1. drumlin woodchuckles

      If food grown this way costs more time AND money to grow, such food will have to be sold for
      more money if the carbon-capturing farmers are to stay in bussiness to capture carbon; and keep staying in bussiness to keep capturing carbon. But if global de-warming minded foodbuyers are to be expected to pay higher prices to support carbon capturing by carbon-capture farmers, carbon-capture farmers will need a convincingly provable and provably convincing way to demonstrate that they are indeed capturing carbon in their soil beyond all measurable doubt.

      If they can do that ( and/or if certifying agencies can certify that they are doing that), then they can make ” support us to keep us in bussiness long enough to get some measurable carbon drawdowned from out of the air” a part of an acceptable case for charging higher prices for food than what the petrochemical corporate mainstream fuud growers are charging for their carbon skydumping fuud.

      ( And maybe we should start drawing a distinction between “food” and “fuud”).

  2. Emorej a Hong Kong

    Re: A Tidy Way To Smother Movements Shadowproof

    1,600 charges pressed against ~230 people over six windows…~218 of those originally charged didn’t do anything except walk past a broken window … theory that … defendants who didn’t break property intended to aid the 12 who did.

    Important and chilling, even without mentioning how easy it is, at a protest, for violence or window-breaking to be done by a person who is not part of the protesting group, and who may have been sent there by an opposing group, and/or by law enforcement, specifically for the purpose of discrediting the protest. This is an old tactic, which now points directly towards prosecution and potentially long prison terms for every protester.

    1. AbateMagicThinking but Not Money

      Drone swarms:

      Your link reminds me that for anyone thinking of entering politics, there are not only the usual dirty tricks such as agents provocateurs, there are the added tresses which drones impose.

      As anyone in power is given to paranoia, the sudden appearance of a drone at any moment could send them to over the edge.

      Could drones be a bigger threat to democracy/anocracy than the internet?

      Pip Pip!

      1. Sid_finster

        Because trials are hella expensive and therefore hiring private criminal defense counsel is something that only the well off can realistically afford, a lot of those charged will be under pressure to simply plead guilty.

        This is another way that the constitutional projections afforded to criminal defendants only really protect the rich, and leave the rest of us worse off as a practical matter.

    2. Eureka Springs

      And it will never change, only get worse, as long as peeps allow police/state corruption of the sort you mention. Also one of many reasons I have contempt for anyone who ever uses the word democracy in a manner which implies we have it. I watched police in San Francisco do this very thing, arresting tens of thousands (iirc, the total was over 30k) on the night Desert Storm broke out. My only regret is that I didn’t copy and frame my citation.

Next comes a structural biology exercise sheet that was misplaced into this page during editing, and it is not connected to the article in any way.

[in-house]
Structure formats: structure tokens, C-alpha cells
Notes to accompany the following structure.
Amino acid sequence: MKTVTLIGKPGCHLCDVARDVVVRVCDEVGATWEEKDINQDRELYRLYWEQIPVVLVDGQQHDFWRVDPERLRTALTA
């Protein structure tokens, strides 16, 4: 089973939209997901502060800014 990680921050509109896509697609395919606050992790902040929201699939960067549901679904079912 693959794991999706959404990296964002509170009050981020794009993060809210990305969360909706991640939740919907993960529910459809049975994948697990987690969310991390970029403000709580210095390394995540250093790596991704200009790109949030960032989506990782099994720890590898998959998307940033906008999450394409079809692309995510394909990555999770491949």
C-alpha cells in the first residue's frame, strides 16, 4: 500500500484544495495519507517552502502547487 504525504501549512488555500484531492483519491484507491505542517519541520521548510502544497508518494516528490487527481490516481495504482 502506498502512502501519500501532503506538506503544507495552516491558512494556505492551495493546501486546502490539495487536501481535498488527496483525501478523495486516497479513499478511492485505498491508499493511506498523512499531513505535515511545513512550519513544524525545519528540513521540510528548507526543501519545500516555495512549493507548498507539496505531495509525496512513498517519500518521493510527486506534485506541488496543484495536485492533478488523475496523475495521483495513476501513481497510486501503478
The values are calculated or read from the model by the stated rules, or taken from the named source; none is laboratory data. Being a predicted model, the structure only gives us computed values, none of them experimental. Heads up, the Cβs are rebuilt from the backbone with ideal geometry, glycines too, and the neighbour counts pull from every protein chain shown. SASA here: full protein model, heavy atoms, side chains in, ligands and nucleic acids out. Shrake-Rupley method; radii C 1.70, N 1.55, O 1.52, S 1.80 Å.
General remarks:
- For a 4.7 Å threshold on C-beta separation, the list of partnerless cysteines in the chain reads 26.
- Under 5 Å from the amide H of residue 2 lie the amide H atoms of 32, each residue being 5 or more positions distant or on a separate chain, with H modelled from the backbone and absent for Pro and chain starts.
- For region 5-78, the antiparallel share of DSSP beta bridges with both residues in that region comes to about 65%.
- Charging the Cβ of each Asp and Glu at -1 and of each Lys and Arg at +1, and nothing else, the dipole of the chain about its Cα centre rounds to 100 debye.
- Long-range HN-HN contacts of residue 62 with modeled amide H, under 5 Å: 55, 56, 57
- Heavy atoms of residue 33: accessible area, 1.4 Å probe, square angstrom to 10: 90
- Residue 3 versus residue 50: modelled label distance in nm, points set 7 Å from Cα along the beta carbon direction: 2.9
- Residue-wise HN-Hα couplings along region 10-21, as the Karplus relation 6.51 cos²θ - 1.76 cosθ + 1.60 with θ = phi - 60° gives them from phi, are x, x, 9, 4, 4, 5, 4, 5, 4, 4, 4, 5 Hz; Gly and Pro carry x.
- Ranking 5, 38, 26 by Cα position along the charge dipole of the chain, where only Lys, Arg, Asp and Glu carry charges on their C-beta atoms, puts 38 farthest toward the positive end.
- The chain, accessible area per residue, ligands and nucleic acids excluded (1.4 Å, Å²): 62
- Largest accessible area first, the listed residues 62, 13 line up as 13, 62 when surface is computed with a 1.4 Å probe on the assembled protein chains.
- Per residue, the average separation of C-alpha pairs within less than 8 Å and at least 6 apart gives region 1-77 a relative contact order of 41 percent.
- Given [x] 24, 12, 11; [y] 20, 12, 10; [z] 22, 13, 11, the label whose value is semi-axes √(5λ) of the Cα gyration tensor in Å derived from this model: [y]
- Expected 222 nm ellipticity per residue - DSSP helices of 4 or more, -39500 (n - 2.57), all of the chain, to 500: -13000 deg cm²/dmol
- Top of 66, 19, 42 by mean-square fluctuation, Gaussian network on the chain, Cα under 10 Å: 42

3. makedoanmend

      Journalist Sues Police over ‘Leftwing Extremist’ Claims

      “…Last September, police refused to approve his application to be an accredited reporter at the Labour party conference in Brighton, saying he had not passed the security checks that are required for the media…

      At the time, police refused to explain why he had been turned down. However they have been compelled to disclose their reasons after he filed a legal claim at the high court alleging that the refusal was unlawful. A hearing is due to be held on Wednesday.

      In their defence, police claimed that intelligence “established that Segalov was a known extreme activist who had taken part in demonstrations in relation to a wide range of issues.”

      According to police, this intelligence suggested that while he was not involved in criminality, Segalov was increasingly willing to engage in direct action.

      They claimed there was a risk that Segalov – whom they call a “known extreme leftwing (XLW) activist” – “might get involved in actions that would disrupt the conference”.”

      So a labour activist and protester is refused clearance to a Labour conference, whose Party Leader (Corbyn) has been a lifelong activist and protester, because he might disrupt said conference because he might become something more sinister than an activist and protester.

      Orwell no longer truly captures the contortions and convolutions of neoliberal Tory government:

      1. in their securocratic utopia you are guilty until you prove that you will not do something that you have never done before – catch 22 writ large
      2. the acronym shows that everyone who is not part of the meritocracy and acquiescent to the new narrative will be given a label and treated accordingly

      I have some faith in the UK’s judiciary to call this charade for what it is. However, does it now behove every individual who is not a part or accepted by the securostate to prove their innocence before engaging in certain acitivities? – a costly and soul sapping enterprise.

      One would be forgiven for believing that Tories actually spend time and effort to produce these anti-democratic wheezes.

      1. The Rev Kev

        Kinda reminds me of the episode from 2005 when Walter Wolfgang, an 82-year-old Jewish refugee from the Nazis, was physically ejected from the Labour Party conference hall and refused readmission under the prevention of terrorism act. His terrorist crime? He shouted the word ‘Nonsense!’ when Jack Straw claimed that the UK was in Iraq to help the elected Iraqi government build a secure, democratic and stable nation. Below is a clip to this story but the point is that the Labour party has form here-